Pharmaceutical MOA: Medical Animation


Medical animation is the creation of a short-length, physiological or surgical film-clip using 3D computer graphics. Included in the applications for this educational tool are:

* To Educate Patients
* Simulation of Anatomical or Surgical Concepts
* Animation of Cells and Molecules
* To Explain How Medicines Work (Pharmaceutical MOA)
* Forensic Reconstruction
* Surgical Training and Planning

In these technologically advanced times, increasing numbers of pharmaceutical companies have discovered that the use of 3D animation is one of the most cost effective methods of relaying their message to the public and other parties of interest or necessity. Through the use of medical animation, the pharmaceutical company can create a viewer-friendly, well-defined article of communication that visually describes their drug products. This makes the plethora of hurdles that a pharmaceutical company must contend with easier to glide over, including the standards and requirements imposed by clinical trials, the Food and Drug Administration and other legal entities.

By the use of 3D animation to explain a pharmaceutical method of action (MOA), the composition of the message is not constrained or restricted by the visual limitations of the human body. Complex effects of pharmaceuticals can be presented via visual media using 3D animated graphics that can be easily understood by the prospective patients and parties to the drug approval, application and promotion process.

As an example of how 3D animation techniques can be used with regard to pharmaceuticals, one need only consider a drug which is administered intravenously. Without the use of computer graphics, visual conception of the drug use could be limited to the drug’s external application. With the use of 3D animation, the effects of the drug as it travels through the body and the bloodstream can be depicted. This includes even the simulation of cellular and molecular interactions.

However, another example would be the effect of a vaccine application. Once the target area of the vaccine has been reached by the drug, the release and replication of the desired proteins can be easily shown. Simulation of the effects toward illness prevention that accompany application of the drug can also be readily accomplished.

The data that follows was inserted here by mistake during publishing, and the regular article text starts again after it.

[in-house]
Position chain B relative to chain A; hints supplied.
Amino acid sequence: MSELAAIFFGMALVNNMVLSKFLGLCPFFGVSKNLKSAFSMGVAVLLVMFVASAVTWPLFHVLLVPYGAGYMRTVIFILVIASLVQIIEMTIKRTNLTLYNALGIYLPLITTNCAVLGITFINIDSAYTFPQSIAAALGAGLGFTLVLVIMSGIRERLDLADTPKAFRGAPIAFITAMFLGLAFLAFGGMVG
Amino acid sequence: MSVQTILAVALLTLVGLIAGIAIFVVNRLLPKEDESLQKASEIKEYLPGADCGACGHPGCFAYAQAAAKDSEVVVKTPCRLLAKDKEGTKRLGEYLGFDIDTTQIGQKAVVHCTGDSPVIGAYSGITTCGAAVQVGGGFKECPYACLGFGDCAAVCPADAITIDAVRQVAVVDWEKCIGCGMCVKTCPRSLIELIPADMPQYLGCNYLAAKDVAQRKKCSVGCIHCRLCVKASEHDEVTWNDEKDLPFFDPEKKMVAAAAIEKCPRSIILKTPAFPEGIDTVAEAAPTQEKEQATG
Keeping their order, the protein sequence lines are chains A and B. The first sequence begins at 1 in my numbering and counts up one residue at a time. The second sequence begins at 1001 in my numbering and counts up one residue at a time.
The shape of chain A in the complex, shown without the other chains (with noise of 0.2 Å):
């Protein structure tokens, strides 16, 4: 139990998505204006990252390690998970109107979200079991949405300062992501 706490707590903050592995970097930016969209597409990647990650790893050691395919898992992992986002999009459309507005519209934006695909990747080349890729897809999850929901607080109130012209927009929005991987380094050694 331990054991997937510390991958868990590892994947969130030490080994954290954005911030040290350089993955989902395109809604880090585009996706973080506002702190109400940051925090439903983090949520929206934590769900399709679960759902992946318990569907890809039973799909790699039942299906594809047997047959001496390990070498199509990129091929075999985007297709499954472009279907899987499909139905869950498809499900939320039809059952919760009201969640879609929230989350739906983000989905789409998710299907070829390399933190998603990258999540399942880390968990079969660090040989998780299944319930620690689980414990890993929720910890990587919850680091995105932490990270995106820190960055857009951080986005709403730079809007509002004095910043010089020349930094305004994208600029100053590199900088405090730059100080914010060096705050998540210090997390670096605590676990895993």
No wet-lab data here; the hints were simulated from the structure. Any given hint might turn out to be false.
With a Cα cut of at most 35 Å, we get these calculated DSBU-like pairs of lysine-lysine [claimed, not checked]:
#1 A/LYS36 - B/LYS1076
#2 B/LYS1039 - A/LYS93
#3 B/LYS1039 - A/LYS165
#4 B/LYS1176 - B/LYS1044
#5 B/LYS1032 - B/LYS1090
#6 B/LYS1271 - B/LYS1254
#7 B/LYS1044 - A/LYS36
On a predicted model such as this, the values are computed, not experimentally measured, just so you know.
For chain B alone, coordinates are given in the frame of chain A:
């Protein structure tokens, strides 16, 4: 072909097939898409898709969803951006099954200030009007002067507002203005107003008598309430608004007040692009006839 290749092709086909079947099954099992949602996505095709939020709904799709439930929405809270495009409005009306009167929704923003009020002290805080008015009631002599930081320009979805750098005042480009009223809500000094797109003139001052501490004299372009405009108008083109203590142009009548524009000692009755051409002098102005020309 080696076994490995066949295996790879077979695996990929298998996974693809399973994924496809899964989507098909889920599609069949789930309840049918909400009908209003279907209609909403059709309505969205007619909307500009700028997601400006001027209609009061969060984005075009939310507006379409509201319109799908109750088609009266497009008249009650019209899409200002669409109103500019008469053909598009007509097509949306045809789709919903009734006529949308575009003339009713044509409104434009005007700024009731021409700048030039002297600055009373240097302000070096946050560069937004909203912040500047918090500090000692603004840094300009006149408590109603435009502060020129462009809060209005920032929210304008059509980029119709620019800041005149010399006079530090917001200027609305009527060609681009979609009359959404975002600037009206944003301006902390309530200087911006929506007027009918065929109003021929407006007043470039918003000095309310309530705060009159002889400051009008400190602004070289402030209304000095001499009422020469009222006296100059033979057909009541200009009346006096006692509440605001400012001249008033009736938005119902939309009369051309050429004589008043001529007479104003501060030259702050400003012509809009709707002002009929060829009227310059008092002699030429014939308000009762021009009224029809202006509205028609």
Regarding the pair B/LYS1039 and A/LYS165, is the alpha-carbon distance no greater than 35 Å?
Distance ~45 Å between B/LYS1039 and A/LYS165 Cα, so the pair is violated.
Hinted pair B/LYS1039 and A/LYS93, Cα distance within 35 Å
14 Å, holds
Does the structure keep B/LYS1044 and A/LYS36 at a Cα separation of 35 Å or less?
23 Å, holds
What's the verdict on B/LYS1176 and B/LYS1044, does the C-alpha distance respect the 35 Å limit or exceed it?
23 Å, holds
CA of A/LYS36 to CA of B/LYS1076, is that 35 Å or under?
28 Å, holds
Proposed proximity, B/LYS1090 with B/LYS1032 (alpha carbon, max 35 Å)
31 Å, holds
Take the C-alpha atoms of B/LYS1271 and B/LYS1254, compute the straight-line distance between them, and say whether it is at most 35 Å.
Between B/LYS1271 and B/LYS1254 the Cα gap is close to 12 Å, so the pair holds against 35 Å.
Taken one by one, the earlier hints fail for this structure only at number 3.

3D animation has the benefit of being an easily comprehended intermediary between pharmaceutical companies and their prospective drug distributors, prescribing physicians and patients, describing how a new drug will potentially work within the human body. In addition, the creation of a 3D animated presentation can greatly assist the pharmaceutical company in more promptly obtaining the necessary FDA approval when a new drug is intended to be introduced or when an existing drug is improved upon.

Animation technology has provided pharmaceutical companies with a means for relaying the complex effects of drug actions and interactions without getting overly technical. Representations of inner-body complexities such as protein receptor binding, beta blocking, replication and cellular/molecular reactions can be readily illustrated. The extent to which a pharmaceutical company can utilize 3D animation techniques to describe the effects of its products is only limited by the imagination and not the restrictions of the more archaic photographing and imaging techniques.

Courtesy: Trinsic Animation

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